Obviously, and the constant functions , satisfy the differential and boundary inequalities required on the lower and upper solutions for (3.1) and the boundary conditions (1.2). Thus on the basis of Lemma 1.1 for every the unique solution of linear problem (3.1), (1.2) satisfies
on The solution we denote by , that is, the function
and we compute exactly as following:
Thus, we obtain

Hence, taking into consideration (3.8) and the fact that the correction function converges uniformly to on for

4. Proof of Theorem 2.1

First we will consider the case . We define the lower solutions by
and the upper solutions by

Here where is the constant which shall be defined below, on and satisfy the boundary conditions prescribed for the lower and upper solutions of (1.1), (1.2).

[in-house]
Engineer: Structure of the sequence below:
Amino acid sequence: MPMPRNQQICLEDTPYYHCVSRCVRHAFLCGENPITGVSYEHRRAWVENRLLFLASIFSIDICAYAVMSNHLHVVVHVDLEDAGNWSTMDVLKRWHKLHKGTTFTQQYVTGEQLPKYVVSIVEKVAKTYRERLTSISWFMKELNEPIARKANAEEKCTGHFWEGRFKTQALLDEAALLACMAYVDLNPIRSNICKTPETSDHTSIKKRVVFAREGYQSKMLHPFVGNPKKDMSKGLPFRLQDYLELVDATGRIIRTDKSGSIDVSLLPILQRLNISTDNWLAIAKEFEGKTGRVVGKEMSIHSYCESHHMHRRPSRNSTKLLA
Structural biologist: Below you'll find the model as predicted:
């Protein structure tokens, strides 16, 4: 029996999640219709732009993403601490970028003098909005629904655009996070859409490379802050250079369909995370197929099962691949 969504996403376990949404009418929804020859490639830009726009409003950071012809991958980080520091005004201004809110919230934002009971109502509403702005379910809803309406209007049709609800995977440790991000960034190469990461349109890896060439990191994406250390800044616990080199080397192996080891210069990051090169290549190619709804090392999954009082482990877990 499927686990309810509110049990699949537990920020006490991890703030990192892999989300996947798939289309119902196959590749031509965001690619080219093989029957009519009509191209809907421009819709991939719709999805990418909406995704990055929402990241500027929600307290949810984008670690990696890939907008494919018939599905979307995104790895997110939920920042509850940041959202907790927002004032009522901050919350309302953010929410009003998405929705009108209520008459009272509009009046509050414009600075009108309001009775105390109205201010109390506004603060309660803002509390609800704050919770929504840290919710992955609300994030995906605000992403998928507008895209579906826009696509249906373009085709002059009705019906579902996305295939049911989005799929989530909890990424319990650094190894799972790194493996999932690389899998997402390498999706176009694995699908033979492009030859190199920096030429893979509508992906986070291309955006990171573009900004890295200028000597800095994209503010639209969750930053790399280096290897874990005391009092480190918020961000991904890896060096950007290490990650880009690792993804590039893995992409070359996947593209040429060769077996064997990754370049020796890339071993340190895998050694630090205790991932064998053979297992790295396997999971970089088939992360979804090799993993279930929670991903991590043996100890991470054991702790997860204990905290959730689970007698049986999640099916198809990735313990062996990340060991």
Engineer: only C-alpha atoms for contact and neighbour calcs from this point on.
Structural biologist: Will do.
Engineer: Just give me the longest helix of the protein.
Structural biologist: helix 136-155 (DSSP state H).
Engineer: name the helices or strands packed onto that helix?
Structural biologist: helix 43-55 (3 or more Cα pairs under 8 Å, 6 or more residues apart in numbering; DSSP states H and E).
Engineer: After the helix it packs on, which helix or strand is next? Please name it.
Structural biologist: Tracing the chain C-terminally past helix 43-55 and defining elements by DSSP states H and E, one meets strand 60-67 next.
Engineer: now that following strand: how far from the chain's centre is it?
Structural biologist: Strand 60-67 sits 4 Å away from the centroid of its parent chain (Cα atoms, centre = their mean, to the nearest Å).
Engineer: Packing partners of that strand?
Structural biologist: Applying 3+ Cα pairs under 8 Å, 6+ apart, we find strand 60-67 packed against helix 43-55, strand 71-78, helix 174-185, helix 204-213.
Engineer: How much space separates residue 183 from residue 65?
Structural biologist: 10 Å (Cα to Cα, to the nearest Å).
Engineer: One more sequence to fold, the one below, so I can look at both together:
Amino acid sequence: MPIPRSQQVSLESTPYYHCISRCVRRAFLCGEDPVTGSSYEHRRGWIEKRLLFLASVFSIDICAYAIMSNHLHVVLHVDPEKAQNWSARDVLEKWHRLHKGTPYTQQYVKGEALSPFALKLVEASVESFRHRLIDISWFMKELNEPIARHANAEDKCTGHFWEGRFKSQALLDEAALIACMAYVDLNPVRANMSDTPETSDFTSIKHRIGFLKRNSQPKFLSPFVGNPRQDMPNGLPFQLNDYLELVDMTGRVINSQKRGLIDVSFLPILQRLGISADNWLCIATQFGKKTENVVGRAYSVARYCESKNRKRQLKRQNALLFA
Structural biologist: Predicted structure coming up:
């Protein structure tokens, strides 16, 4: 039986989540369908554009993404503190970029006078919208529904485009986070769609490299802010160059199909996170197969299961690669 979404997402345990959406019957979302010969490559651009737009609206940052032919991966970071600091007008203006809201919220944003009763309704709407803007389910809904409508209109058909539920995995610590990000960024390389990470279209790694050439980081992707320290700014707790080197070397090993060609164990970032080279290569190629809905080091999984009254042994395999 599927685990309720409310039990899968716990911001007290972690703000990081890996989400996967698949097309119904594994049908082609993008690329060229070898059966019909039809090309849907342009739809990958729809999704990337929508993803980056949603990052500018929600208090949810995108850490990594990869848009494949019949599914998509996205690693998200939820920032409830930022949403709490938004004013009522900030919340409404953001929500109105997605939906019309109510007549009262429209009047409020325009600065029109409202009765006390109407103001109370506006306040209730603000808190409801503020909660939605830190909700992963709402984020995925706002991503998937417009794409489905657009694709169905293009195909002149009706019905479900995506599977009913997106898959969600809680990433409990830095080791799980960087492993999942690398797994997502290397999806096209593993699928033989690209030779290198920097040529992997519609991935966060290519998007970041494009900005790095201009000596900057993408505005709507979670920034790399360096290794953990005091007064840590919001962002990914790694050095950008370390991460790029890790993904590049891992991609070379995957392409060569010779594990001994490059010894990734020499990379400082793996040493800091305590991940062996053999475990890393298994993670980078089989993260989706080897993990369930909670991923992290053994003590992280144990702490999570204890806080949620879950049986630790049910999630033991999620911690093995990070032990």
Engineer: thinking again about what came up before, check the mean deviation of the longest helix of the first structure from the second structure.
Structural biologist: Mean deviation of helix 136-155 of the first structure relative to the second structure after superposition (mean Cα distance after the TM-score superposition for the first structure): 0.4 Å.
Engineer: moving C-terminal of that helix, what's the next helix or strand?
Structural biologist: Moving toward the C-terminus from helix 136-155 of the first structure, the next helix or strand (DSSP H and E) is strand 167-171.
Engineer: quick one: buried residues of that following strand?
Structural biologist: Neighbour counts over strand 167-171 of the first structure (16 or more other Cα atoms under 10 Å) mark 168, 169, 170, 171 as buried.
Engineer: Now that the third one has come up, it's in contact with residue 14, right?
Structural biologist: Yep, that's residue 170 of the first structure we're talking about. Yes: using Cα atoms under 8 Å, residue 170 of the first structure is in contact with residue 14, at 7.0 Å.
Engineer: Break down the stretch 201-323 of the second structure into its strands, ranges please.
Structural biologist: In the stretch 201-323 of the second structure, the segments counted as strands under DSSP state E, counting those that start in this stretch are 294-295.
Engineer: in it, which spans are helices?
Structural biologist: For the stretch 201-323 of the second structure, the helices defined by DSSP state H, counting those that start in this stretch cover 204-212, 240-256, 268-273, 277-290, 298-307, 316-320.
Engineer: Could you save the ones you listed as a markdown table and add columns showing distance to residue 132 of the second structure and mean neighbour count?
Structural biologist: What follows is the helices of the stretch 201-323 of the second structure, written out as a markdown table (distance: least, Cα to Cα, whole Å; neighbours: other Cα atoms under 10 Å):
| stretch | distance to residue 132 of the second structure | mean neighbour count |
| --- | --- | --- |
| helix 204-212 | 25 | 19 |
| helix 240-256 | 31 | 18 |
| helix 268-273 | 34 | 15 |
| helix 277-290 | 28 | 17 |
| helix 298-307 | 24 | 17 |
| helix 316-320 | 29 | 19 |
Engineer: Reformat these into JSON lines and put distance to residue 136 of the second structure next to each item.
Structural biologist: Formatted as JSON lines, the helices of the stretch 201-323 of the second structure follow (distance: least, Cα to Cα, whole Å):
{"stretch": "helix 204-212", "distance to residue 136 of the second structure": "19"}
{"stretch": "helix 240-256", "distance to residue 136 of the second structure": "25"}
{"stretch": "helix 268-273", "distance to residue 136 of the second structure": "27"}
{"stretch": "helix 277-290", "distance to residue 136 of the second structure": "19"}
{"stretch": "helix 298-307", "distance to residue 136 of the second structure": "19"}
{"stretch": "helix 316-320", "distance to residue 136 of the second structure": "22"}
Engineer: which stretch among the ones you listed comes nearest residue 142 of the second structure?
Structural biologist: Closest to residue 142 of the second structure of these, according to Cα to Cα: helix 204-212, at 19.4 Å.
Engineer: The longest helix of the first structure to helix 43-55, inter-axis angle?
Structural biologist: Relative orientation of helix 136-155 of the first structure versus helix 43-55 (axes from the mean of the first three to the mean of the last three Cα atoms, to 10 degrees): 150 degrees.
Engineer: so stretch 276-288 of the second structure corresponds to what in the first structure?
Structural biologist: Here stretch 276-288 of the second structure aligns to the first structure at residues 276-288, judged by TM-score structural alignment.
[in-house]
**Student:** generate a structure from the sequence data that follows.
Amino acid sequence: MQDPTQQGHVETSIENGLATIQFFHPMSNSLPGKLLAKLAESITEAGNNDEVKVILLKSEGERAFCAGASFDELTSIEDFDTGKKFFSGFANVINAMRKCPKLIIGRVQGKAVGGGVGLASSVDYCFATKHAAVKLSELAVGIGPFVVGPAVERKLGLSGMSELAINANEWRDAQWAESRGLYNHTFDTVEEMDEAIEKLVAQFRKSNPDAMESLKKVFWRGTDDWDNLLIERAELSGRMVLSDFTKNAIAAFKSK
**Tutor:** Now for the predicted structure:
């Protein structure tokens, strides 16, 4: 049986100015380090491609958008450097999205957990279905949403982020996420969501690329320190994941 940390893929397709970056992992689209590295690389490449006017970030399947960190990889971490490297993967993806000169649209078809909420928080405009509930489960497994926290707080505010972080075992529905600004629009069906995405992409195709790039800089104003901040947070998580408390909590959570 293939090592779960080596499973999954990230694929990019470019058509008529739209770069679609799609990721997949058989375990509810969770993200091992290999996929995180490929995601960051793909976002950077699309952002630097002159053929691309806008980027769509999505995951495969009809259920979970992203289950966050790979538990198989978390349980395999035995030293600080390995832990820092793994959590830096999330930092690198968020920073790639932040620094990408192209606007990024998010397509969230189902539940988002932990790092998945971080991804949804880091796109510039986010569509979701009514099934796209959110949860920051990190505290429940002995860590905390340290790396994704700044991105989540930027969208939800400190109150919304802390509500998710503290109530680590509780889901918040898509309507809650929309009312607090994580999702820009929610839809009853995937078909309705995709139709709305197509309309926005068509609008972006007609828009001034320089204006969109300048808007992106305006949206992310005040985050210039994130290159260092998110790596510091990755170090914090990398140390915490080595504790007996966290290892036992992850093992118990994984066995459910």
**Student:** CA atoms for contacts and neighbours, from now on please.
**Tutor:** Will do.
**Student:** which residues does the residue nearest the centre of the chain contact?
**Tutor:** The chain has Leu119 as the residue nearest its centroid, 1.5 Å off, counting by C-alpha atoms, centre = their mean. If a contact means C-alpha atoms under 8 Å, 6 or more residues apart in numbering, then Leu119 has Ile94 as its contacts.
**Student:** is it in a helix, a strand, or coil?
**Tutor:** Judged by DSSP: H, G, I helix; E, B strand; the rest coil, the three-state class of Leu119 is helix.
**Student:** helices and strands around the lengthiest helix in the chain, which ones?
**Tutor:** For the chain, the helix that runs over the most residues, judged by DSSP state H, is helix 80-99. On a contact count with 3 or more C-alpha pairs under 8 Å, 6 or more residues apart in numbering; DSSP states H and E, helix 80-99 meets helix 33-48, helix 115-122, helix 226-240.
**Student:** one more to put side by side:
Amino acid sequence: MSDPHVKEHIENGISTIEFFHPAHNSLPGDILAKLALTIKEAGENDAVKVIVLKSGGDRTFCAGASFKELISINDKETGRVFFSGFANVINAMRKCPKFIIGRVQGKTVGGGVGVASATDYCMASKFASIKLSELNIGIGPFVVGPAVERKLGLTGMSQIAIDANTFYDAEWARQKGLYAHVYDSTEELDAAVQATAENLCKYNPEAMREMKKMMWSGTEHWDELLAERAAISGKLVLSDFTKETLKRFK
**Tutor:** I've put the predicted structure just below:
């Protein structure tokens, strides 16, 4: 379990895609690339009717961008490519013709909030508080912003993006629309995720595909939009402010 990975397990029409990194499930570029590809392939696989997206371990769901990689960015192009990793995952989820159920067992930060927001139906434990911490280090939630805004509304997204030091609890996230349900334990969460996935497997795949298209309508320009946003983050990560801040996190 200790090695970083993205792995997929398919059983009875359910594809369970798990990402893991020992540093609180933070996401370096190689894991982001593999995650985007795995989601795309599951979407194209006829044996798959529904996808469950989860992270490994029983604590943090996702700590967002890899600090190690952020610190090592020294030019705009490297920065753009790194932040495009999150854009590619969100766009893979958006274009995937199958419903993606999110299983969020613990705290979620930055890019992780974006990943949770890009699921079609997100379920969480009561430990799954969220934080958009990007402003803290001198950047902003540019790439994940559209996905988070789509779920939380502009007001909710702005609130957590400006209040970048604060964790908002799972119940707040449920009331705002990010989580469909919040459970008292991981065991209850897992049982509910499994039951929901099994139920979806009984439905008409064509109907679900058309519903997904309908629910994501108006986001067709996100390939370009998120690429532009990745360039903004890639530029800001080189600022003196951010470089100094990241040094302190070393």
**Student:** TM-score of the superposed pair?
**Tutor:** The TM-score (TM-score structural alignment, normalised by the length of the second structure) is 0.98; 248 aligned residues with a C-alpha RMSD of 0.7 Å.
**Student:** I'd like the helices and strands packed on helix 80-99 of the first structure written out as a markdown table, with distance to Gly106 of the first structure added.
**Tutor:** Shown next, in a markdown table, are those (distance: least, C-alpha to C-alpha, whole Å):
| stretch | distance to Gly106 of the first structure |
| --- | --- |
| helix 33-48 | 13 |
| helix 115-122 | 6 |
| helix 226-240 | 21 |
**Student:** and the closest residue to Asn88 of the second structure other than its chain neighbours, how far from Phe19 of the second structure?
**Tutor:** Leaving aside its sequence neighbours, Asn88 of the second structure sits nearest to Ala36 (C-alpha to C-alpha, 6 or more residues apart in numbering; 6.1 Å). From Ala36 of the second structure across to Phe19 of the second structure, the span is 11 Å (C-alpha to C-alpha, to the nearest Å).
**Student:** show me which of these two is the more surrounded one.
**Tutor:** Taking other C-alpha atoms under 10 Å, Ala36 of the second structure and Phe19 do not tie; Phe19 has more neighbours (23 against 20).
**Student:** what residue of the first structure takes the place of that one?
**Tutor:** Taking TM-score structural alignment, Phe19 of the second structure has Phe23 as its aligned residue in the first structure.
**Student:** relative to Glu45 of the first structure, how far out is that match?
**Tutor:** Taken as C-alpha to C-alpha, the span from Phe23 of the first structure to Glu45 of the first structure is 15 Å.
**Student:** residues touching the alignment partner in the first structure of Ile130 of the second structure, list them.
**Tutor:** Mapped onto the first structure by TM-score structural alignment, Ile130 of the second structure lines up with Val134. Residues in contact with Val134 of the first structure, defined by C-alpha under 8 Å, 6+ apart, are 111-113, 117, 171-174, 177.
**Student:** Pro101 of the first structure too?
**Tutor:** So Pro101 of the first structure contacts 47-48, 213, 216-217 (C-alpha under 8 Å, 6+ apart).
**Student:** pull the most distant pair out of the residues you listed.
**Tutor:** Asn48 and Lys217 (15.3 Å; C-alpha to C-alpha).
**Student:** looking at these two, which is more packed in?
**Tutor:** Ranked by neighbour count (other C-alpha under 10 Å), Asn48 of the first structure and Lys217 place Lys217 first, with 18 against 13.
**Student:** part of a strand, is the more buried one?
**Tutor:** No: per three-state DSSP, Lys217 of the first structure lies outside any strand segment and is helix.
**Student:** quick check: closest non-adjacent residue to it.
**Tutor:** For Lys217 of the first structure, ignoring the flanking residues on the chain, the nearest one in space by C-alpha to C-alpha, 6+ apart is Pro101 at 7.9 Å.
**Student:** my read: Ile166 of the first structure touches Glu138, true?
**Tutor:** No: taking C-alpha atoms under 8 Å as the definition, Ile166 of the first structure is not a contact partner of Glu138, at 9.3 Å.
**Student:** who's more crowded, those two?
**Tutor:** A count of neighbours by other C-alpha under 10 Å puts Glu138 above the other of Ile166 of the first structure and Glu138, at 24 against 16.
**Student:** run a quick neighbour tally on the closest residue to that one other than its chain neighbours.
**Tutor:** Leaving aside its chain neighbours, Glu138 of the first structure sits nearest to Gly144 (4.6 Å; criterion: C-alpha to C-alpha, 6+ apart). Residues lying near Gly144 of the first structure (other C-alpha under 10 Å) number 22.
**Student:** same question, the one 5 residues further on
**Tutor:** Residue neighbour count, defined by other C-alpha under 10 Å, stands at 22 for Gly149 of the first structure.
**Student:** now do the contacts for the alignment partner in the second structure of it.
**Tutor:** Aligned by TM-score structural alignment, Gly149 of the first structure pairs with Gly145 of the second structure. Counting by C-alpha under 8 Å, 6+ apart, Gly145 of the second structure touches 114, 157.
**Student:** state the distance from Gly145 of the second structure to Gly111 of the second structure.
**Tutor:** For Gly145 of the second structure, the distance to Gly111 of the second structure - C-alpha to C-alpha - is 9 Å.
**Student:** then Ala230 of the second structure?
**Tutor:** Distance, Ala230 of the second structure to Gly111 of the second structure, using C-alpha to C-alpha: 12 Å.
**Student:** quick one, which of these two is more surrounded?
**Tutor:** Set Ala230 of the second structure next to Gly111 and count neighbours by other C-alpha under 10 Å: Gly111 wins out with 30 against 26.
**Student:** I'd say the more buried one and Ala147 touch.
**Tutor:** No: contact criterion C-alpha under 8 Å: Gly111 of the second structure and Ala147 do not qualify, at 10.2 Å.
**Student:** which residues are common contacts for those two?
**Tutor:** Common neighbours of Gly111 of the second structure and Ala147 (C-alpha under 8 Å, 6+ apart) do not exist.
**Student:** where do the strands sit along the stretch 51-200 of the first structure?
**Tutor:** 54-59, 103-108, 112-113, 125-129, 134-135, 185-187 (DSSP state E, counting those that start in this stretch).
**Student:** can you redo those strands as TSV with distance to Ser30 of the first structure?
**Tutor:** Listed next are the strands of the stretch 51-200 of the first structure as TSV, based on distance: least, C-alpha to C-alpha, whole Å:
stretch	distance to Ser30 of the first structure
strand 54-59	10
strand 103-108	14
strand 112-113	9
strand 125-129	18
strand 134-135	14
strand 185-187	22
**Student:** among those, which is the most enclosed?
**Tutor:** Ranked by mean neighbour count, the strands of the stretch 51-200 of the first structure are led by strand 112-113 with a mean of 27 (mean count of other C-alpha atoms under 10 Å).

Now we show that and

Denote By the Taylor theorem, we obtain
where is a point between and and for sufficiently small Hence, from the inequalities in we have
Because we have ; as follows from differential equation (3.1), we get
For we have the inequality

where is a point between and and for sufficiently small

The Case:

The lower solution
and the upper solution

Now, if we choose a constant such that , , then and in

The existence of a solution for (1.1), (1.2) satisfying the above inequality follows from Lemma 1.1 and the uniqueness of solution in follows from Lemma 1.3.

Remark 4.1.

Theorem 2.1 implies that on every compact subset of and The boundary layer effect occurs at the point or/and in the case when or/and



This research was supported by Slovak Grant Agency, Ministry of Education of Slovak Republic under Grant no. 1/0068/08. The author would like to thank the reviewers for helpful comments on an earlier draft of this article.

Authors’ Affiliations

Faculty of Materials Science and Technology, Institute of Applied Informatics, Automation and Mathematics


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© Robert Vrabel 2011